Top Five Clique Rappers Who Rode Their Crew To Fame

Continuing a run of reasonably amusing variations on the top five discussion that is so crucial to hip hop, let us run down the five emcees who only enjoy recognition because of the clique they claim(ed). This is not a list of top-notch clique rappers, but the ones who only enjoyed success because of who they affiliated with.

Fugees’ groundbreaking The Score LP cover art, 1996.

5) Pras — Fugees: Facts being facts, Pras and Wyclef did little but hold Ms. Lauryn Hill back. This edited mix of Fugees’ The Score consisting of only Lauryn’s verses is times over times better than the original LP because you don’t need to fast forward. ‘Clef’s mistake was giving his cousin a job involving holding a microphone.

2Pac and The Outlawz

4) Outlawz — 2Pac & The Outlawz: Pac’s verses on “Hit ’Em Up” and any other song with or without an Outlaw on it are timeless, crucial, and impactful. Any Outlaw verse is forgettable, dated, and limp by comparison. Hussein Fatal, who died in July of 2015, Kadafi and E.D.I. Mean are the key Outlawz and it is difficult to say what that really means. Perhaps a close listen to the Outlawz early 2010’s mixtapes, Killuminati 2K10 and 2K11 or the 2011 LP Perfect Timing would change opinions since Pac is long gone but, no. Shakur is a legend and the Outlawz were in the presence of someone too great for them to catch any of the magic for their own.

The Firm album art, 1997.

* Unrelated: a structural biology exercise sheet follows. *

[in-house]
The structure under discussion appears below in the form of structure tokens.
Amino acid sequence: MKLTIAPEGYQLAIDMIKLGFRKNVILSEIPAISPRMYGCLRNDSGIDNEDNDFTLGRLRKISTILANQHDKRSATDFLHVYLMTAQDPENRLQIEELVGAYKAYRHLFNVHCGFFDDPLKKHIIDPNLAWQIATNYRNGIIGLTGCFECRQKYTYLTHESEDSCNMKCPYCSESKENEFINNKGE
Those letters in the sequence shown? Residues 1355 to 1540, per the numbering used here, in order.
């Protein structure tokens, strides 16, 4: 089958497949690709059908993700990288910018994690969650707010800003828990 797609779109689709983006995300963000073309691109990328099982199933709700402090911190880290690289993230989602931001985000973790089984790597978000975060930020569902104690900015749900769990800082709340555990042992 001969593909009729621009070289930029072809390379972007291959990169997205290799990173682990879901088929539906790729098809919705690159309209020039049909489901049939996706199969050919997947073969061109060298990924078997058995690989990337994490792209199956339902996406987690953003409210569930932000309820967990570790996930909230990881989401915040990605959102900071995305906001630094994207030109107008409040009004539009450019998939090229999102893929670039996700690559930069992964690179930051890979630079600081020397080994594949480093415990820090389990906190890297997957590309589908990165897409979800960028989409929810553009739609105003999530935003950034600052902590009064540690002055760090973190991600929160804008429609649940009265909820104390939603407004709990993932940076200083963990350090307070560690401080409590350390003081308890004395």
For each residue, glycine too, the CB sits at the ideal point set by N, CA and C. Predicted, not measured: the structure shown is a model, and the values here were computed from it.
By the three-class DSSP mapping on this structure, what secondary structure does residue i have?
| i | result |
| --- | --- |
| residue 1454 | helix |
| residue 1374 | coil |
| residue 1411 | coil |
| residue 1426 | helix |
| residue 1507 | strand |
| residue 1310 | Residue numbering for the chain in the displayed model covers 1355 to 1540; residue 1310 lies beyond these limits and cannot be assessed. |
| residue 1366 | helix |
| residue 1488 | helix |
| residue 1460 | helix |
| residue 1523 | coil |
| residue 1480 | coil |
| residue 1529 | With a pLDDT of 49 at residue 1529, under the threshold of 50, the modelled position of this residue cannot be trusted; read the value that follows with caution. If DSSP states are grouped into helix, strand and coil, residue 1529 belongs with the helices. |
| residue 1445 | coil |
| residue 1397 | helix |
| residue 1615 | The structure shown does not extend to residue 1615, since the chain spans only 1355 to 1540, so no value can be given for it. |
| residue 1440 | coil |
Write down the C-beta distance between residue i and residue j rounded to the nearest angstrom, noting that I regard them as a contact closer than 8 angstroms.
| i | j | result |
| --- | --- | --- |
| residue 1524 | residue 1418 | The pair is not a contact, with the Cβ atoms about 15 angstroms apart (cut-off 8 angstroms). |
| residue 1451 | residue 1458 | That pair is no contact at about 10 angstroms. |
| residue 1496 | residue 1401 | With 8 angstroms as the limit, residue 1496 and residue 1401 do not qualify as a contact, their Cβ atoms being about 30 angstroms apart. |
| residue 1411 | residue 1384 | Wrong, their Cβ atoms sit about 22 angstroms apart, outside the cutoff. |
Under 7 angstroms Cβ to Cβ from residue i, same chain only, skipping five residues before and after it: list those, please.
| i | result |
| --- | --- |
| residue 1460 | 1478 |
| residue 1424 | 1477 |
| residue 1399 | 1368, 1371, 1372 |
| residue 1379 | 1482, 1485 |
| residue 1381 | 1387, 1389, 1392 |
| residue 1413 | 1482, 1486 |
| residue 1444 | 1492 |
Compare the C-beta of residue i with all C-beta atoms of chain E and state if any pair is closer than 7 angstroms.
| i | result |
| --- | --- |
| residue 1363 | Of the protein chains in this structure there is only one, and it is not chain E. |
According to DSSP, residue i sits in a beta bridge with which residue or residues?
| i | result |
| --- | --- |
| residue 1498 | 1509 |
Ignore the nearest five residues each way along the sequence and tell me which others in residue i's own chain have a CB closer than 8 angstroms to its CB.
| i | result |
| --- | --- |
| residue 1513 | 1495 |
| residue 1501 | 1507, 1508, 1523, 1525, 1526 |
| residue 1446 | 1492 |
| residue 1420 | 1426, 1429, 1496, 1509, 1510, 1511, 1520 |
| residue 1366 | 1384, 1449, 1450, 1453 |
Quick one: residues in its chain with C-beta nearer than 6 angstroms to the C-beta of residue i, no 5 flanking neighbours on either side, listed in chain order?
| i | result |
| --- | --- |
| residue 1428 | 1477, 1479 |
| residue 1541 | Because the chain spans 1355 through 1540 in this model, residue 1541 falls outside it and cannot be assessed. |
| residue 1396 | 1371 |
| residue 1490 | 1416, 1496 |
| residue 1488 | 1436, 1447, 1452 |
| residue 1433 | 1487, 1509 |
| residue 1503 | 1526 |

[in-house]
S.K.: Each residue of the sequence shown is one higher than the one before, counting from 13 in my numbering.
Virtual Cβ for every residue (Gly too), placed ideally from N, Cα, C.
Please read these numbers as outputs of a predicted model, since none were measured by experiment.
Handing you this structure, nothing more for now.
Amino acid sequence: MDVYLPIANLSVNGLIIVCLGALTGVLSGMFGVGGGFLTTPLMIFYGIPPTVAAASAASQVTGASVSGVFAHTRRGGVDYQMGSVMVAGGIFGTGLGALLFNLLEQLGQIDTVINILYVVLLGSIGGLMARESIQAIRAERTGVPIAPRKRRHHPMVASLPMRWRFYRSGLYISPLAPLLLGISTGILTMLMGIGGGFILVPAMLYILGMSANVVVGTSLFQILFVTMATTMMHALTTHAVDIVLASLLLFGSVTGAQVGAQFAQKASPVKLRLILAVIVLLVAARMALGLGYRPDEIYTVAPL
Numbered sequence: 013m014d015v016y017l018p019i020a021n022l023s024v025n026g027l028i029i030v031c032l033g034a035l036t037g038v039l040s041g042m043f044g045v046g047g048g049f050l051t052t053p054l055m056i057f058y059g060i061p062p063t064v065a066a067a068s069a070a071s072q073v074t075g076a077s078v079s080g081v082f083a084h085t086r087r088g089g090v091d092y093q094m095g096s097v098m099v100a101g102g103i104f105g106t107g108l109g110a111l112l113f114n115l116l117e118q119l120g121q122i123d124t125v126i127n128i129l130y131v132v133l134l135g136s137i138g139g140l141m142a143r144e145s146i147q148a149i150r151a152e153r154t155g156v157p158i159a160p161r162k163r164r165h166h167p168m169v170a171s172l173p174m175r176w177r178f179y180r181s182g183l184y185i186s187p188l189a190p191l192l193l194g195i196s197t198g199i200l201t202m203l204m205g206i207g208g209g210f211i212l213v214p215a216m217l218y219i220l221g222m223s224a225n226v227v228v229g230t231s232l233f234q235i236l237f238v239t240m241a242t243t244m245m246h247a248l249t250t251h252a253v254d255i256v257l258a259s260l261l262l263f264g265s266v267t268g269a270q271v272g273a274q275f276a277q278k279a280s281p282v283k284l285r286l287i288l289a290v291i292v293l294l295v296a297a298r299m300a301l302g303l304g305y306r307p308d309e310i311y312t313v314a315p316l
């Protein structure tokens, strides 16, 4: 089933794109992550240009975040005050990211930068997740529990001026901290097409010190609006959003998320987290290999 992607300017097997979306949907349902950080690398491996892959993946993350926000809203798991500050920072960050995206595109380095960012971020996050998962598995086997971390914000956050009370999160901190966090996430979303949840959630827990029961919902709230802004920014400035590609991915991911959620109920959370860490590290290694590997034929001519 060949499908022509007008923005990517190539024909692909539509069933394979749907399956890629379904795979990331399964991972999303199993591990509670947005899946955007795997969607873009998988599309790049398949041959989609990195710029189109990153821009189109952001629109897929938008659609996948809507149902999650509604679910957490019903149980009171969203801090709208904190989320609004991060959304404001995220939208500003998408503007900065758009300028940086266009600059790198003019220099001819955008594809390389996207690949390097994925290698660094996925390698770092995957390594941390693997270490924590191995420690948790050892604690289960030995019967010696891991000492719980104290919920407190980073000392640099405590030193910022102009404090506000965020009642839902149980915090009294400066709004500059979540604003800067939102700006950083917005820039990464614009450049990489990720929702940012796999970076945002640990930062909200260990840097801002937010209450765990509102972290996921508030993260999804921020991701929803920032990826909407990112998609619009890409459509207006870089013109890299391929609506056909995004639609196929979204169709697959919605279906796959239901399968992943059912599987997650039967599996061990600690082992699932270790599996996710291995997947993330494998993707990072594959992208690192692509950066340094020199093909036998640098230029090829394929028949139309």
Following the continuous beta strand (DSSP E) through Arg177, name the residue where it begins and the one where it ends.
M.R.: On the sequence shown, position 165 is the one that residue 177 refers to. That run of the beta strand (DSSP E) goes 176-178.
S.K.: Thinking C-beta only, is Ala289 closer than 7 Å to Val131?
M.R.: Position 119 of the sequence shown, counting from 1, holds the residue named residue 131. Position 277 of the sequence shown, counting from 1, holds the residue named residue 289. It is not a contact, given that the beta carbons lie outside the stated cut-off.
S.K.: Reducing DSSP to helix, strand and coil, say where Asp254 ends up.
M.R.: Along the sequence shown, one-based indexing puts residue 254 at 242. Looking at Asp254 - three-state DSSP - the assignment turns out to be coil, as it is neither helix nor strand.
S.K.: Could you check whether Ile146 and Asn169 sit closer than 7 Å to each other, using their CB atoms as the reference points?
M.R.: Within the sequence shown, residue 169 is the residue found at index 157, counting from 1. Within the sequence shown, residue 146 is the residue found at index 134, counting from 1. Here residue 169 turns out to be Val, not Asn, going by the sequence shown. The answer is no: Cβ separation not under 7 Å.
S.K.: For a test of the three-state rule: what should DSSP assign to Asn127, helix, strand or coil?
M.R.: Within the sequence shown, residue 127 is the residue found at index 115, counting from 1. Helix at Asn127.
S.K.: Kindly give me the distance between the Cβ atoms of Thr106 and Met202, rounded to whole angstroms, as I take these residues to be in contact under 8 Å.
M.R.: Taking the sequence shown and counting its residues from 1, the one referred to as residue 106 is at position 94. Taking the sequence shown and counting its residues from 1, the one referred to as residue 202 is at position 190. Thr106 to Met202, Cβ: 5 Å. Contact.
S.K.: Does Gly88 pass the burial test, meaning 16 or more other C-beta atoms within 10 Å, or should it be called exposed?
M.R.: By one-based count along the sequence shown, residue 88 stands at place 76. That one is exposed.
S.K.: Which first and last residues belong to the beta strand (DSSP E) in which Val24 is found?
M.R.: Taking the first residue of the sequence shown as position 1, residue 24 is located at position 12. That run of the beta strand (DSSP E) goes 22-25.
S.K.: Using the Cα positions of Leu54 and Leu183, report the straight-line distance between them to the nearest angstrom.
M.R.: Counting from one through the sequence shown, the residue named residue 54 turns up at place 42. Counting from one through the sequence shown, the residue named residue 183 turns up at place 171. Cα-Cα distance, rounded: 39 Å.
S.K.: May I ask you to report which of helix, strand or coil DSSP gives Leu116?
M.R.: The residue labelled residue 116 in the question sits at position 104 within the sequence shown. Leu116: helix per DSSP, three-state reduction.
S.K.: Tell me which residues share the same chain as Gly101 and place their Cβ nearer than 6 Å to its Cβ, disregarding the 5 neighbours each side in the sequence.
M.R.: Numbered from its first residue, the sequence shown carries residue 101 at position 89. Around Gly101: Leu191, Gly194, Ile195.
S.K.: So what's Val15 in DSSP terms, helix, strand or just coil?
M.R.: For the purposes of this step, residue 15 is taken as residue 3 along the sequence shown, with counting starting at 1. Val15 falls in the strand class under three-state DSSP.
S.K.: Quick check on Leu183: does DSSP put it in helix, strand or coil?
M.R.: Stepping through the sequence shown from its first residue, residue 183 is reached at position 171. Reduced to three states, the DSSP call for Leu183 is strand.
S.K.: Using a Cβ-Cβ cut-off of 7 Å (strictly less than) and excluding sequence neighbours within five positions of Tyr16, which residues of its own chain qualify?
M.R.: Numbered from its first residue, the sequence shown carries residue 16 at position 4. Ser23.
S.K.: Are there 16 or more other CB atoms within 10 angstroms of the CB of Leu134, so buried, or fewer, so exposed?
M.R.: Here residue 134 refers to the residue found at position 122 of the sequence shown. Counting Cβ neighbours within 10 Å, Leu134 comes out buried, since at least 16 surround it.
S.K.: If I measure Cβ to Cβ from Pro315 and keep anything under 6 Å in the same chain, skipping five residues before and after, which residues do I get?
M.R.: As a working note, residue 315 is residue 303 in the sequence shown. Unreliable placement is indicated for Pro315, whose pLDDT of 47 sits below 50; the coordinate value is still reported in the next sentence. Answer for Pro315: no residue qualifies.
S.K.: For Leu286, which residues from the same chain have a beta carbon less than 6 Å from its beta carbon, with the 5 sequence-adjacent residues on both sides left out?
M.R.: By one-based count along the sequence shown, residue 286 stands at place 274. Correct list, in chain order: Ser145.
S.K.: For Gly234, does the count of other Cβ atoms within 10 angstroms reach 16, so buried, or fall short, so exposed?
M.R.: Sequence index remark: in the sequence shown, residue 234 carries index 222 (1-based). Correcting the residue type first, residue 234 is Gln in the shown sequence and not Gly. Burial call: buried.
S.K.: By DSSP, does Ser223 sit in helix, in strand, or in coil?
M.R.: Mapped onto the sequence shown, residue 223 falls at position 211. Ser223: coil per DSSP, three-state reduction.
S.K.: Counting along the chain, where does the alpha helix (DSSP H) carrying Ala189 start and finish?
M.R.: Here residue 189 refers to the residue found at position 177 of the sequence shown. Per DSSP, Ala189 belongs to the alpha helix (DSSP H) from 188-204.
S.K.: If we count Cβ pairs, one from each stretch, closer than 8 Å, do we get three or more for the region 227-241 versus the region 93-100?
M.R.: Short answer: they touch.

3) Nature — The Firm: After Cormega got out of jail in the mid-1990s, he jumped on Nas’ “Affirmative Action” which, upon listening with hindsight, is the first Firm track. In the end, it turned out to be the first and last for Cormega as hip hop politics resulted in ‘Mega being off the Firm LP, unceremoniously replaced with Nature. A one-off release, The Firm consisted of Nas, Foxy Brown, AZ and, for whatever it’s worth, Nature. AZ is criminally underrated, Foxy was alright, and Nas is a Top Five candidate, but Nature was a scab filling in for Cormega after the latter got his emcees’ union card pulled and himself went back underground.

Big Sean’s video for “Blessings” from Dark Sky Paradise, 2015.

2) Big Sean — G.O.O.D. Music Cruel Summer— Not a clique, per se, but Kanye’s 2012 label compilation featured most of his signees, from Big Sean to Pusha T and Cyhi The Prince (who has gone on record asking ‘Ye why his solo LP hasn’t come out). Sean has the unfortunate displeasure of “Control”, a track left off his proper album, which had features from Jay Electronica and Kendrick, both of whom laid down great verses but the latter of whom megaton bombed hip hop with the most talked-about verse of 2013. Even on Dark Sky Paradise, Sean ended up plagued with Drake’s hook on “Blessings” which is most well-known for Stephen Curry’s daughter, Riley’s, press conferences. Quote Big Sean without using a hashtag, I dare you.

Guide Gudda, all red everything before fire academy class.
  1. Gudda Gudda — Young Money — First thing’s first, Wayne was the fireman. Gudda doesn’t need to do photo shoots with an axe. Whereas Curren$y left YMCMB and went to Atlantic/Def Jam where he recently released Canal Street Confidential, Gudda has remained (detrimentally, if Curren$y’s success upon departure is any indicator) quite loyal to Lil’ Wayne and Young Money, but has yet to release a proper LP of his own. I heard Gudda last on No Ceilings, which is the last time I heard Wayne and listened, incidentally.

What about you, readers and fans of hip hop? Who you got?

Be sure to check out Journeymen Rappers and the series of articles on the birth and golden age of hip hop by this author. Follow the author on Medium and Twitter @anygiventues.